Each spring, the understory of our Beverly Shores woodlands is covered with innumerable fresh green double parasols of mayapple (Podophyllum peltatum). These familiar wildflowers, with their distinctive, umbrella-like leaves, grow in tight little colonies that stand out in many woodland remnants both in town and in its neighboring parklands. Each hides a single, beautiful, fragrant waxy white flower under its pair of sheltering umbrellas. (Plants with just a single umbrella are immature and do no hide a flower underneath.) Mayapples measure about one to one and half feet in height. Growing and flowering mostly before our trees leaf out, mayapple is a “spring ephemeral” They disappear underground before summer is finished.
Though nearly all of the plant is poisonous, a small fruit (the “apple” referred to in the name) of the mayapple is edible when ripe. The fruit ripens and turns yellow in July or August at about the same time the mayapple leaves wither away. The flavor is unique, tasting like a blend of tropical fruits and melons. If you decide to eat one, remember that the seeds are poisonous, even in the ripe fruit. You will also need to carefully monitor a population in order to find the fruit. Once the leaves disappear, the plant is hard to find and you have competition from hungry wild animals.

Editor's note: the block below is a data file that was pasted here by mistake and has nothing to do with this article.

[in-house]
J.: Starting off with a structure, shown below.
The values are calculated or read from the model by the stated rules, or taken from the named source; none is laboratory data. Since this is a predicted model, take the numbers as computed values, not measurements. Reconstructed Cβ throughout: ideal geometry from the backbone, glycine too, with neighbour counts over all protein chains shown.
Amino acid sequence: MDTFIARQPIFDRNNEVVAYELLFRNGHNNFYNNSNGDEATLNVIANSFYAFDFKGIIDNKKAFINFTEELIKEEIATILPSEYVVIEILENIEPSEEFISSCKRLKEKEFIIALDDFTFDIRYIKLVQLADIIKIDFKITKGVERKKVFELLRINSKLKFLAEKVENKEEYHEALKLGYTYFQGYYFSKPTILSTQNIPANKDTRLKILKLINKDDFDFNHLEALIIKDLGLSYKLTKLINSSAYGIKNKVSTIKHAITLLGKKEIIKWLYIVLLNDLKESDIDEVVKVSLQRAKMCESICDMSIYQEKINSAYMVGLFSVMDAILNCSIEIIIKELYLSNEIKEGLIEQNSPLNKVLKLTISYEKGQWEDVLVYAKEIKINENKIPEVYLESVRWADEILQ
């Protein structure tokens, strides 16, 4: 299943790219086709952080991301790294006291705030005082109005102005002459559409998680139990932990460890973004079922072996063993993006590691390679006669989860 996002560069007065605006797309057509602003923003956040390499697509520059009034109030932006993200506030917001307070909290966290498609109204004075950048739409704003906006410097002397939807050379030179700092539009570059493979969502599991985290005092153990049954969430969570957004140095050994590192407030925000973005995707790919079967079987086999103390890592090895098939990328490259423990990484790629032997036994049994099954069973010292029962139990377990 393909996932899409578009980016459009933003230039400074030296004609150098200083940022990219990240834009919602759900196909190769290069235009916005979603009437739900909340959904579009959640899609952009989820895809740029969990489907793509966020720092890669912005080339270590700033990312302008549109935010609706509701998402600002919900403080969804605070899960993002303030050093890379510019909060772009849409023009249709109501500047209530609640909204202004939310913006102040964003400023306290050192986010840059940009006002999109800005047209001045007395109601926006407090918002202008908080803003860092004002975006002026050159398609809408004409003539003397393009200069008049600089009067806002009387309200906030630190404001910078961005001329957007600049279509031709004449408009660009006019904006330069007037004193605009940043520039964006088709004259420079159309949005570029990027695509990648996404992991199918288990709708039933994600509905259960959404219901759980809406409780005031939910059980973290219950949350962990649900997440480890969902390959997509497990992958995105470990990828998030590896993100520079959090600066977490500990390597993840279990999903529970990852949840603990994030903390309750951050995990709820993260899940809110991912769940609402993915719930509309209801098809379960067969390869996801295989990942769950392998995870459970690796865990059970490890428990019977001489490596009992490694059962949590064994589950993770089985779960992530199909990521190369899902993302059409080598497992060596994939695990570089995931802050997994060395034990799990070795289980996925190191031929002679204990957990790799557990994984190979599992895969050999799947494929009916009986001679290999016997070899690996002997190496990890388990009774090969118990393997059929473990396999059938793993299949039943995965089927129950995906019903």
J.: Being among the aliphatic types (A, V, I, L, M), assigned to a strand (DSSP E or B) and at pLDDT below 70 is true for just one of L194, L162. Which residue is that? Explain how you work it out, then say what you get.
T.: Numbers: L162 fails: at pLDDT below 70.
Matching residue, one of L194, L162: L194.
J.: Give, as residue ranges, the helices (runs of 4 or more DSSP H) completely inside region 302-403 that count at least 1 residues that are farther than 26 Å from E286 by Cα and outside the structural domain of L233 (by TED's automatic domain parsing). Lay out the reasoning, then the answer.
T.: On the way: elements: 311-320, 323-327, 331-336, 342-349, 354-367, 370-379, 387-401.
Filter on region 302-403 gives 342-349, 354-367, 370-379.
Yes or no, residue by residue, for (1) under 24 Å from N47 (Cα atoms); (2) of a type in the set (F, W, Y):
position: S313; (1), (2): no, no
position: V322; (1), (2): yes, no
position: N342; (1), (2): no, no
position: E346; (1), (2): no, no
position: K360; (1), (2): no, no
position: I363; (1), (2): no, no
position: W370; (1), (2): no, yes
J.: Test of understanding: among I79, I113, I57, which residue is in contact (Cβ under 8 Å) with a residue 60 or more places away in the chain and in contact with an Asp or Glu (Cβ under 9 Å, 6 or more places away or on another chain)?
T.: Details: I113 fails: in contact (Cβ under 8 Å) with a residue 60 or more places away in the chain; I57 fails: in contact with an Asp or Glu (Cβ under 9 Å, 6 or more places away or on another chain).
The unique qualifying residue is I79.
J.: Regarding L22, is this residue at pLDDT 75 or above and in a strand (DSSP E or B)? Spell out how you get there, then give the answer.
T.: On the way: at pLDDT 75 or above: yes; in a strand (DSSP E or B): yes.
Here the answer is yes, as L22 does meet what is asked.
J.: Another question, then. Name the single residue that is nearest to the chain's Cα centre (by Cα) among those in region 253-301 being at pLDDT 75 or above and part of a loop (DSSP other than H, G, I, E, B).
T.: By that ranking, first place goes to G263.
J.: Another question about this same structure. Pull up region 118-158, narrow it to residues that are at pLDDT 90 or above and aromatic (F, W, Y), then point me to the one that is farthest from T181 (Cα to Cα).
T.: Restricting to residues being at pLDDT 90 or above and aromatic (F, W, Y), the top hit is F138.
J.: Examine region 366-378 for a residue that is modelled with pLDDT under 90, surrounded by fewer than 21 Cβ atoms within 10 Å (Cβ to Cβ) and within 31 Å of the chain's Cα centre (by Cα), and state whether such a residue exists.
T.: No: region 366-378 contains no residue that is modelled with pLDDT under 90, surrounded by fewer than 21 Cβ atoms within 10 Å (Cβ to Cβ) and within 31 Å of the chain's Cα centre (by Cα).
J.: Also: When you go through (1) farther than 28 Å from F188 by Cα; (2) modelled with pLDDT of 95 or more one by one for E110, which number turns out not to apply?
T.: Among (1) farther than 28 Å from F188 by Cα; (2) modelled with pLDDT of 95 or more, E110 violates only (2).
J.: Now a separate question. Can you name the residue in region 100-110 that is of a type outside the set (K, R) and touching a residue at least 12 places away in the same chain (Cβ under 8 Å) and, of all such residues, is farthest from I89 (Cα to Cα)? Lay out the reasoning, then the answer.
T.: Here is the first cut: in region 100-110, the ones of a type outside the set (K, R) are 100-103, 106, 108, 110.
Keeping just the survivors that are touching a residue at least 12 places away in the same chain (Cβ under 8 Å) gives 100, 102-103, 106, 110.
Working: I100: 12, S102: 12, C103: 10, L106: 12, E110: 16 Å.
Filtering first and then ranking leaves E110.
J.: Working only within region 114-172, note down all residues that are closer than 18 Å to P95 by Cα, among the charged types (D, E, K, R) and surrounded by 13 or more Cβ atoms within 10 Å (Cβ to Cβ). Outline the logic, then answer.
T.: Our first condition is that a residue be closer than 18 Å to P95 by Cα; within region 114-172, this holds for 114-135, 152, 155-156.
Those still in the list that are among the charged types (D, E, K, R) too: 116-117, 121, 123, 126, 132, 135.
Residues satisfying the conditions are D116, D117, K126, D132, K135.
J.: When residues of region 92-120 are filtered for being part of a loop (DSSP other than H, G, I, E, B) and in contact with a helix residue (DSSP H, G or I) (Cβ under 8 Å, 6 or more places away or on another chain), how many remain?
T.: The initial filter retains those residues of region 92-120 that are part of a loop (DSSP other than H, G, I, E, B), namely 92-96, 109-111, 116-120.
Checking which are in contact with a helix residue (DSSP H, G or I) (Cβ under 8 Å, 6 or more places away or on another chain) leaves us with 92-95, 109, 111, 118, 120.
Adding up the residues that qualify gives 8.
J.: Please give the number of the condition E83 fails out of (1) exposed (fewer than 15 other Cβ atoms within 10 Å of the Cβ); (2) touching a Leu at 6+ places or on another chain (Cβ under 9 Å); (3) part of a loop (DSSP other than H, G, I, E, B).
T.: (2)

Sometimes poisonous things have medicinal properties. Chemicals derived from mayapple are used to treat warts and as chemotherapy agents in cancer treatment.
Mayapple adapts well to shade and woodland gardens, though it can be tough to corral; it spreads quickly by underground rhizomes. It does however send up a very interesting sprout, like an unopened green umbrella, in early spring. Its lobed and umbrella-like leaves and waxy white flowers are an excellent addition to any garden. When adding to your garden, keep in mind that it will leave an empty space in late summer when it fades away.
Another benefit of mayapples is that deer seldom browse on them. Perhaps it is the poisonous nature of the plant. Even during the years when Beverly Shore’s deer population was at its highest, one could still see occasional surviving colonies of mayapple.
Check throughout our web site at www.bserg.org, for information on native and non-native, invasive plants. If you have questions about mayapple or other native or non-native plants, don’t hesitate to contact Terry Bonace (email@example.com), Candice Smith (firstname.lastname@example.org), or Bill Schaudt (email@example.com) for assistance.